Six Surprising Reasons We Like Cruise Ships
Cruising isn't for everyone. But weirdly, it works for us.
Brent and I have a confession to make: we really like cruise ships.
In fact, we just did a two-week cruise to Alaska, and right now we’re on a 28-day cruise across the Pacific Ocean — from Vancouver, Canada, to Sydney, Australia.
(The publication of Brent and Michael Are Going Places will go on as usual, but until the end of October, 2023, we will have very sporadic internet access, so it will probably take us longer to respond to comments and emails.)
Yes, we’re very aware that the environmental record of cruise ships is mixed at best. But — as we’ll explain in detail in an upcoming article — we do think it’s possible to do it responsibly.
We’re also not big on crowds, tourist hot-spots, or overindulging with food or alcohol.
So what gives with us liking cruise ships?
Here are six reasons why cruising works for us — and why it might work for you too. After that, we’ll also answer some specific questions on cruising that readers have asked us.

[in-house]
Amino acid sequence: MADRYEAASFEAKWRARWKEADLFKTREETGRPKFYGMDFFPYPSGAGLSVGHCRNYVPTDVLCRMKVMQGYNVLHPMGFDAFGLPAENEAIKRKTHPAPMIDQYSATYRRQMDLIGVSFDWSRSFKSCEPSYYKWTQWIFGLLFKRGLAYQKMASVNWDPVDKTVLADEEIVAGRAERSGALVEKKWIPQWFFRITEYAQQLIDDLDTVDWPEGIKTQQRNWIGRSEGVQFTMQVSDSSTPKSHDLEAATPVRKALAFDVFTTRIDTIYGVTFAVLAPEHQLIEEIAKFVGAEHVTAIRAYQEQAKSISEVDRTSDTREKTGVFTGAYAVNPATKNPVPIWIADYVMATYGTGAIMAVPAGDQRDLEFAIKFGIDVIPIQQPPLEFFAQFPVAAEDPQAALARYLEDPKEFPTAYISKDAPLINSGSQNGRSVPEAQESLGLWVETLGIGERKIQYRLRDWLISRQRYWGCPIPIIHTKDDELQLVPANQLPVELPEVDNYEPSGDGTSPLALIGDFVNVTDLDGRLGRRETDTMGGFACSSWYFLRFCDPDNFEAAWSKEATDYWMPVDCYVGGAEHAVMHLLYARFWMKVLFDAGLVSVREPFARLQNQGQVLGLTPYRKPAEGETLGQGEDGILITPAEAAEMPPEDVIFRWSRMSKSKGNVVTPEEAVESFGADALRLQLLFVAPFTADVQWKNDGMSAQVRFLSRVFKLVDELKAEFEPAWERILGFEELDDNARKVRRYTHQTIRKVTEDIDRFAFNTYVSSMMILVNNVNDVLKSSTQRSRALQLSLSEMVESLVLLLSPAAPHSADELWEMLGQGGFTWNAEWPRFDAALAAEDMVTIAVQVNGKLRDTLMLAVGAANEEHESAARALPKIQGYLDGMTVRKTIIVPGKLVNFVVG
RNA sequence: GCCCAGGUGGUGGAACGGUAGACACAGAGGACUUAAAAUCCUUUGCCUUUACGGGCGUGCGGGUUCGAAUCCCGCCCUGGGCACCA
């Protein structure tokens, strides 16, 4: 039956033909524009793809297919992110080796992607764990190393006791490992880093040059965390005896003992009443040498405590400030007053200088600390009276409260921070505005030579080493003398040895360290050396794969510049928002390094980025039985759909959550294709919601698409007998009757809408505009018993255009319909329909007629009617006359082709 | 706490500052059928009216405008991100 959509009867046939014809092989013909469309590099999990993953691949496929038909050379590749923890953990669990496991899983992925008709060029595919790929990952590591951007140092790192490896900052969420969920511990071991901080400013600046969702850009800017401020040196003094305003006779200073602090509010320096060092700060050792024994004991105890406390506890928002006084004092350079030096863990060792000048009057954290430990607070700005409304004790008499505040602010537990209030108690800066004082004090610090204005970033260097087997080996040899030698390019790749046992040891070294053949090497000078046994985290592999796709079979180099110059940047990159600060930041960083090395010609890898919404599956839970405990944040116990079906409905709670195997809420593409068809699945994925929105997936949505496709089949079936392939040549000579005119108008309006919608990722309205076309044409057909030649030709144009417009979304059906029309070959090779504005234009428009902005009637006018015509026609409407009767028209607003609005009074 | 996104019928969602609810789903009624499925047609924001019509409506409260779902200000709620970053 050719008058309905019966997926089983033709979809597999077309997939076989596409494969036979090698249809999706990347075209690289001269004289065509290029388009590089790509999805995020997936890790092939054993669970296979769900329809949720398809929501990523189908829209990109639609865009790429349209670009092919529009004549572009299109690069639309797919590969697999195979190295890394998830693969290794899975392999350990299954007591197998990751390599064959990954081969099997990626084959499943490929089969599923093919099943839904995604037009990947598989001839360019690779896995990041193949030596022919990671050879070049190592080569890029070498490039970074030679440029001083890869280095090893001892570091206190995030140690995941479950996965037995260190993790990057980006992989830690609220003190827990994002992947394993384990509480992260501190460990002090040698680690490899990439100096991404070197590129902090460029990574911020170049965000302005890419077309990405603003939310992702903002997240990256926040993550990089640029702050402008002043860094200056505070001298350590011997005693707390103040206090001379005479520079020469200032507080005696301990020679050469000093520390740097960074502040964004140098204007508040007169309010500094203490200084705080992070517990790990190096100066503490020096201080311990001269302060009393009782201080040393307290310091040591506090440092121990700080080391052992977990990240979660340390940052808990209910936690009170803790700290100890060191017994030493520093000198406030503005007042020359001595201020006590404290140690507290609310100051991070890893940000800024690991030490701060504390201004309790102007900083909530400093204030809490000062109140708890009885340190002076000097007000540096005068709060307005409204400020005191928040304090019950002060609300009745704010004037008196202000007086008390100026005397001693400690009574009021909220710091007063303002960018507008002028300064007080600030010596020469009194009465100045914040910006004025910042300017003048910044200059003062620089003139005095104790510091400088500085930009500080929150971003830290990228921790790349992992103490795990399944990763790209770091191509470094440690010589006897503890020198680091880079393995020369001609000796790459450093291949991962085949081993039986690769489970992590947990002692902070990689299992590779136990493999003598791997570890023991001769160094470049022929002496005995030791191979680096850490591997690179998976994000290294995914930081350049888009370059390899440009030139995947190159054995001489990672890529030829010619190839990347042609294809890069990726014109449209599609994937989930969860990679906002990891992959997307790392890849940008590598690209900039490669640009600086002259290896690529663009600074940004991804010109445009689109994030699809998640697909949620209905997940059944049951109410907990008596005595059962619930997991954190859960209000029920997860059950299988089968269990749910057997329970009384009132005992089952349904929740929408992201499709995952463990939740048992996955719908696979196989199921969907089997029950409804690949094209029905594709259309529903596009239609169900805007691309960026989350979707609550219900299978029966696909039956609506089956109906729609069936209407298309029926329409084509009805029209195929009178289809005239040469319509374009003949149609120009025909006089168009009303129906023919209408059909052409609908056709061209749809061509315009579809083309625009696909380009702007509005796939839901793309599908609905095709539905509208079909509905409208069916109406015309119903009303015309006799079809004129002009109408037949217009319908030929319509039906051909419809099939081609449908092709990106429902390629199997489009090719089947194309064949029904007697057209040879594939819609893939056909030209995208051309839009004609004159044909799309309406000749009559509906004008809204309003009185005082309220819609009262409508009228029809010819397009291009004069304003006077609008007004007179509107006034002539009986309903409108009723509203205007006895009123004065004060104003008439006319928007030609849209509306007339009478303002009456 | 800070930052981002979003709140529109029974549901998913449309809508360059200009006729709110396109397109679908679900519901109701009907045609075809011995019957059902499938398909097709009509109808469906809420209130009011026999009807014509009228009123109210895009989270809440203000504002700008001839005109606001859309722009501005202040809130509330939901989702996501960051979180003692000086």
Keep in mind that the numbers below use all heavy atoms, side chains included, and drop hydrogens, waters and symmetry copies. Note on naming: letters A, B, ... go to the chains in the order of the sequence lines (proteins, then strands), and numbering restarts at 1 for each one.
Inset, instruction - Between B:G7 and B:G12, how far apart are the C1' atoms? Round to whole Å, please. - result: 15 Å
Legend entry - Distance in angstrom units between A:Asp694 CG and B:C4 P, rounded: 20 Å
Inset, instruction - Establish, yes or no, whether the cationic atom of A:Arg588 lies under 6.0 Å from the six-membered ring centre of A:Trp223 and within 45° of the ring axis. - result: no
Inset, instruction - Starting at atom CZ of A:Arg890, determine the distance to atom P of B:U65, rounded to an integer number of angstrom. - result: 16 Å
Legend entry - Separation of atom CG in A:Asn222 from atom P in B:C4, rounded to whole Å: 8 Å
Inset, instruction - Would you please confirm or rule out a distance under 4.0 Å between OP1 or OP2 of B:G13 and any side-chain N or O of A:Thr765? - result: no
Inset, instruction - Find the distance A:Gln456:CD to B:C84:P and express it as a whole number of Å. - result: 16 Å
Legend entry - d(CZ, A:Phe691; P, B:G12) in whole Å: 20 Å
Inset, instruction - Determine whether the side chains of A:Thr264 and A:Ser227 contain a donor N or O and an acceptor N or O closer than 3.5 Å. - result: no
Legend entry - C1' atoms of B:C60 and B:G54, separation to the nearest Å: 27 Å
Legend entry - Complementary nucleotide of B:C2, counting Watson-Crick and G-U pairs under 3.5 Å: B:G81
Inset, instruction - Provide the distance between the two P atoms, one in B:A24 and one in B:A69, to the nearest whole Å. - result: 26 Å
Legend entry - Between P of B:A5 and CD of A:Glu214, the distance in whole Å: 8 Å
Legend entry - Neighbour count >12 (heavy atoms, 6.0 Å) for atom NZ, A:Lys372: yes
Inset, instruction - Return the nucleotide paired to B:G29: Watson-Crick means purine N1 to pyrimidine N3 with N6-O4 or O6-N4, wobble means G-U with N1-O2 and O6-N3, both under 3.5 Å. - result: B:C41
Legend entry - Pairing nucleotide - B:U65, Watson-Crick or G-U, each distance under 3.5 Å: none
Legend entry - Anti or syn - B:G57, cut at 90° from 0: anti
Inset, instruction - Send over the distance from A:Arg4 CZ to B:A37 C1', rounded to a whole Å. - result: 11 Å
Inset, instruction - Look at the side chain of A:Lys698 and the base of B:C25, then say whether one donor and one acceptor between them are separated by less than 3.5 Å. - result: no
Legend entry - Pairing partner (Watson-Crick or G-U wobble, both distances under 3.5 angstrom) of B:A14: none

It’s very affordable — for us, anyway.
Post-Covid, travel has become unexpectedly expensive. But cruising has remained a remarkably good deal — one of the very best travel deals in existence right now, in our opinion, at least if you shop carefully.
It is important to consider all the costs. Quoted prices generally don’t include port taxes or the $15-$20 per person per day service charge that most lines now impose.
All told, we can usually find an interior cabin for $120 a day to $180 USD a day, total, for the two of us — and a balcony for another $20-$40 a day more.
This is only a little more than what we used to spend per day simply maintaining a house in Seattle. And now that we no longer have a mortgage or rent, we can simply apply that money to the cost of a cruise ship.
Incidentally, this price includes lodging, food, transportation, and entertainment — but not alcohol, internet, or excursions, which can be quite expensive. To save money, we mostly forgo alcohol, and buy internet and excursions independently.
But there’s an additional money-saving twist: we use cruise ships as actual transportation, often crossing oceans to get to our next nomad destination. When you consider that we’re also saving on airfare, cruising becomes even more affordable — at least for us.
We get to avoid flying.
Flying is a drag. And long flights across oceans are even more of a drag. Brent says our recent 22-hour flight home from Bangkok to Seattle — via frickin’ Dubai! — broke him, and he insisted we not do any more flights for the rest of the year.
Which is one of the reasons why we’re catching that 28-day cruise to Sydney.
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